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Zeroing in on injustice

THE highly anticipated sequel to the 1998 hit The Mask of Zorro (MOZ), which made Antonio Banderas and Catherine Zeta-Jones household names, is finally riding into cinemas.  

Moviegoers can expect another healthy dose of good old-fashioned derring-do, swashbuckling action and romance in Zorro 2 as Banderas and Zeta-Jones, along with director Martin Campbell, reunite for a new adventure. 

Set in 1850, Zorro 2 sees the masked hero (Banderas) thwarting the plans of unscrupulous individuals out to prevent California from becoming the 31st state of the union.  

At the same time, things aren’t so peachy on the home front for Zorro aka Don Alejandro De La Vega. Don Alejandro is now married to Elena (Zeta-Jones) and they have a 10-year-old son, Joaquin.  

The boy misses his father who is rarely at home and wishes that Dad would behave more like his idol, Zorro. Obviously, the lad has no idea that the two are one and the same. 

Alejandro De La Vega aka Zorro (Antonio Banderas) and his wife Elena (Catherine Zeta-Jones) doing the tango in Zorro 2.
Meanwhile, Elena gives her husband an ultimatum: choose between his family and his crusading alter ego. When an unexpected crisis forces Alejandro to don the mask again, Elena serves him with divorce papers. Taking advantage of the situation is French aristocrat Armand (Rufus Sewell), who immediately begins to woo Elena.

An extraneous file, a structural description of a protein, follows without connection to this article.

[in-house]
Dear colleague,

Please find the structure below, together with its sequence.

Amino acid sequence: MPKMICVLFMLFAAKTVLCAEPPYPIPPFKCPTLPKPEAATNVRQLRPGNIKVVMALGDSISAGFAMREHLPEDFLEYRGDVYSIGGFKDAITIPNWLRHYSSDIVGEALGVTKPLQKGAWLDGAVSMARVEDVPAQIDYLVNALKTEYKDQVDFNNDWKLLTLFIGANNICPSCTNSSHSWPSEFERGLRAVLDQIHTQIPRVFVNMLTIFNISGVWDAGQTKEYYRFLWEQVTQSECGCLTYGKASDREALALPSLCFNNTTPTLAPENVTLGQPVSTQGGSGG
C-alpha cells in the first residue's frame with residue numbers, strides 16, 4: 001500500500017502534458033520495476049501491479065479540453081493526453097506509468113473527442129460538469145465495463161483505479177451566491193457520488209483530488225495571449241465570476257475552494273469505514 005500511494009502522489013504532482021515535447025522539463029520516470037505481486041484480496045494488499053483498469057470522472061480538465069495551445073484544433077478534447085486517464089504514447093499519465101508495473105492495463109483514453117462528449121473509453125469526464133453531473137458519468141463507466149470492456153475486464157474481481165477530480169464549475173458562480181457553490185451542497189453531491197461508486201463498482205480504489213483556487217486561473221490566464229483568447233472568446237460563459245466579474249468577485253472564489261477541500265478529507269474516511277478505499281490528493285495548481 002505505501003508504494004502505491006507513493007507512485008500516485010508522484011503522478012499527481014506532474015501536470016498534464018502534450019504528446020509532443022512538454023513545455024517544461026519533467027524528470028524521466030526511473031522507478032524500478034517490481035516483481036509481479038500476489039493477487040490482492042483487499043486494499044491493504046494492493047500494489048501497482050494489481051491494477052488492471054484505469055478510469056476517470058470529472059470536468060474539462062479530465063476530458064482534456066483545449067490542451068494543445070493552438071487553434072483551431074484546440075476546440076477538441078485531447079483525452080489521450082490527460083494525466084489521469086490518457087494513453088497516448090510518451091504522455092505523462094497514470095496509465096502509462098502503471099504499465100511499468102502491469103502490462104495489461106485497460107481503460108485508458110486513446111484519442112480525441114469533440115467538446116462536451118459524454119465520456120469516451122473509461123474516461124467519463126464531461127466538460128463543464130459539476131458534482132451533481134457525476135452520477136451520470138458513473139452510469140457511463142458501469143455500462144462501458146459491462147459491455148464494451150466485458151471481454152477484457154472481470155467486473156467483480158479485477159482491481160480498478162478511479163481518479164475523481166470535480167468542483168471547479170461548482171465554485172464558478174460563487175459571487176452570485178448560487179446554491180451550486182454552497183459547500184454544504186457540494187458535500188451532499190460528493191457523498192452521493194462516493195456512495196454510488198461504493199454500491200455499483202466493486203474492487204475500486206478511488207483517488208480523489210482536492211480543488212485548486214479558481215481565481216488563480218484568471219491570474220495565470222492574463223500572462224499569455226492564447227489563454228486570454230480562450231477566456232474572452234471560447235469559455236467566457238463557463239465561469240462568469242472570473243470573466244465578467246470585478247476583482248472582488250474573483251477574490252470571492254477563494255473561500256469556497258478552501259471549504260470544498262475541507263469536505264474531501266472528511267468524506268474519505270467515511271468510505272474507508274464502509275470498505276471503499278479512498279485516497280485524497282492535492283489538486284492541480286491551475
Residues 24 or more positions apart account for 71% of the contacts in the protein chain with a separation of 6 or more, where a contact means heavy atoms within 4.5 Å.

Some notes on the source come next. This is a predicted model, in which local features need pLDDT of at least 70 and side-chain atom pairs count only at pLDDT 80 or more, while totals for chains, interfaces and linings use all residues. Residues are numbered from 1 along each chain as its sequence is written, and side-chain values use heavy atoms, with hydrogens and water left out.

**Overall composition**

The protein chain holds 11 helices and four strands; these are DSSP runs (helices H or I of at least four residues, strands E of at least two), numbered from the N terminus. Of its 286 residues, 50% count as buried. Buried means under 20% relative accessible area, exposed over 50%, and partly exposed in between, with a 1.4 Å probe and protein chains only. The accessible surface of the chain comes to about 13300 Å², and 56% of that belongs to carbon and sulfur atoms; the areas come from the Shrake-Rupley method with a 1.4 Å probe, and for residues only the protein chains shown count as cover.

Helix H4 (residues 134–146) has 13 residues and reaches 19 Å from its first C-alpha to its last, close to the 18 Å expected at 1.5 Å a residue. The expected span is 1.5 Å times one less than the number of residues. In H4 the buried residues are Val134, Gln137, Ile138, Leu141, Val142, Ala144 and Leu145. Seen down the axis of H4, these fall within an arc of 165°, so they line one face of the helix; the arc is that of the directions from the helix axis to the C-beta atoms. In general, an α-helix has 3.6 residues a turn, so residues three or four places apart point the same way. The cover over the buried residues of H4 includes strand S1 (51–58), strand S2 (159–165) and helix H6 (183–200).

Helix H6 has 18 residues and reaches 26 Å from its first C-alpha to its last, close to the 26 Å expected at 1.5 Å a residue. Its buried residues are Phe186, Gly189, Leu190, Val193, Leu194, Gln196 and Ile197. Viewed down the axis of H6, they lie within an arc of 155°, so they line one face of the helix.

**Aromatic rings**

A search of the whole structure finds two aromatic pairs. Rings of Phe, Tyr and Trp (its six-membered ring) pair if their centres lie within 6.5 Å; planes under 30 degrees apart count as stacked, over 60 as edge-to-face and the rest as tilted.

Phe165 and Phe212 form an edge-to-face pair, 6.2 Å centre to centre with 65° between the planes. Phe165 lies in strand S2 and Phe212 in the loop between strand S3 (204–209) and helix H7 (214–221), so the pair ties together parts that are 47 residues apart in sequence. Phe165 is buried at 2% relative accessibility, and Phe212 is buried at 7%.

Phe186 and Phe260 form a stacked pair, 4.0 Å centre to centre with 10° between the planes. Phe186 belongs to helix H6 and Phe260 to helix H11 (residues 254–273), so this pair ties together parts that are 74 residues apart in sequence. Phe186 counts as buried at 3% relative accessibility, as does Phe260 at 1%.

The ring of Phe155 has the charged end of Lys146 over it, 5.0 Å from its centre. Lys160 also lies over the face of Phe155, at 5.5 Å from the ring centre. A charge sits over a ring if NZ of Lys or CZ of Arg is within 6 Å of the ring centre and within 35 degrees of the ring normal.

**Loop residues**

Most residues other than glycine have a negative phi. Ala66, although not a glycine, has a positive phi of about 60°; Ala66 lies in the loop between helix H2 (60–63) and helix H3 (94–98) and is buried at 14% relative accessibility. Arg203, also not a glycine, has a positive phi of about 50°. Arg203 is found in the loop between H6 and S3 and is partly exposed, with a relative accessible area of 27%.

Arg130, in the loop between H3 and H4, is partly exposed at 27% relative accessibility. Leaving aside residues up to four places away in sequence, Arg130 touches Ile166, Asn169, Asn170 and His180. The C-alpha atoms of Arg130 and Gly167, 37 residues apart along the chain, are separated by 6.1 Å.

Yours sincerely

Trouble at home and at work; what’s a hero to do? Trust the fox to find a solution to all his problems as only he can ? Must be all those years of experience; after all, he has been at this a long time now. In fact, almost as much time has passed out here in the real world as it has in the story.  

One of the reasons for the sequel’s delay in getting to the big screen is the delicate matter of finding a good script, a search that took about two and a half years.  

According to producer Lloyd Phillips, the script went through many different writers and treatments before the filmmakers hit upon this particular story.  

“It’s always difficult,” says Phillips during an international press junket held at the Four Seasons Hotel, Los Angeles, last week.  

“In the first Zorro, you bring the two of them (Zorro/Alejandro and Elena) together and that creates a dynamic you can’t repeat for a sequel. So we had to find another type of dynamic, which is what this story’s all about. 

“It took a while to get the script right, and then we had to make sure both actors got very excited. The moment both of them said ‘We’ll do it’, we had a sequel,” he adds. 

Zeta-Jones, who reprises her role as the fiery Elena, likes the fact that her character has grown and changed, a detail that reflects her life. 

The Welsh beauty was an unknown before the first Zorro and playing Elena not only catapulted her to international stardom, it also brought romance into her life.  

Zeta-Jones met her husband Michael Douglas while promoting the first film in France. 

“My husband saw me in Zorro,” she fondly recalls, “and here I am now with two kids. It was also my first movie in which people saw me and (could) put a name to my face.”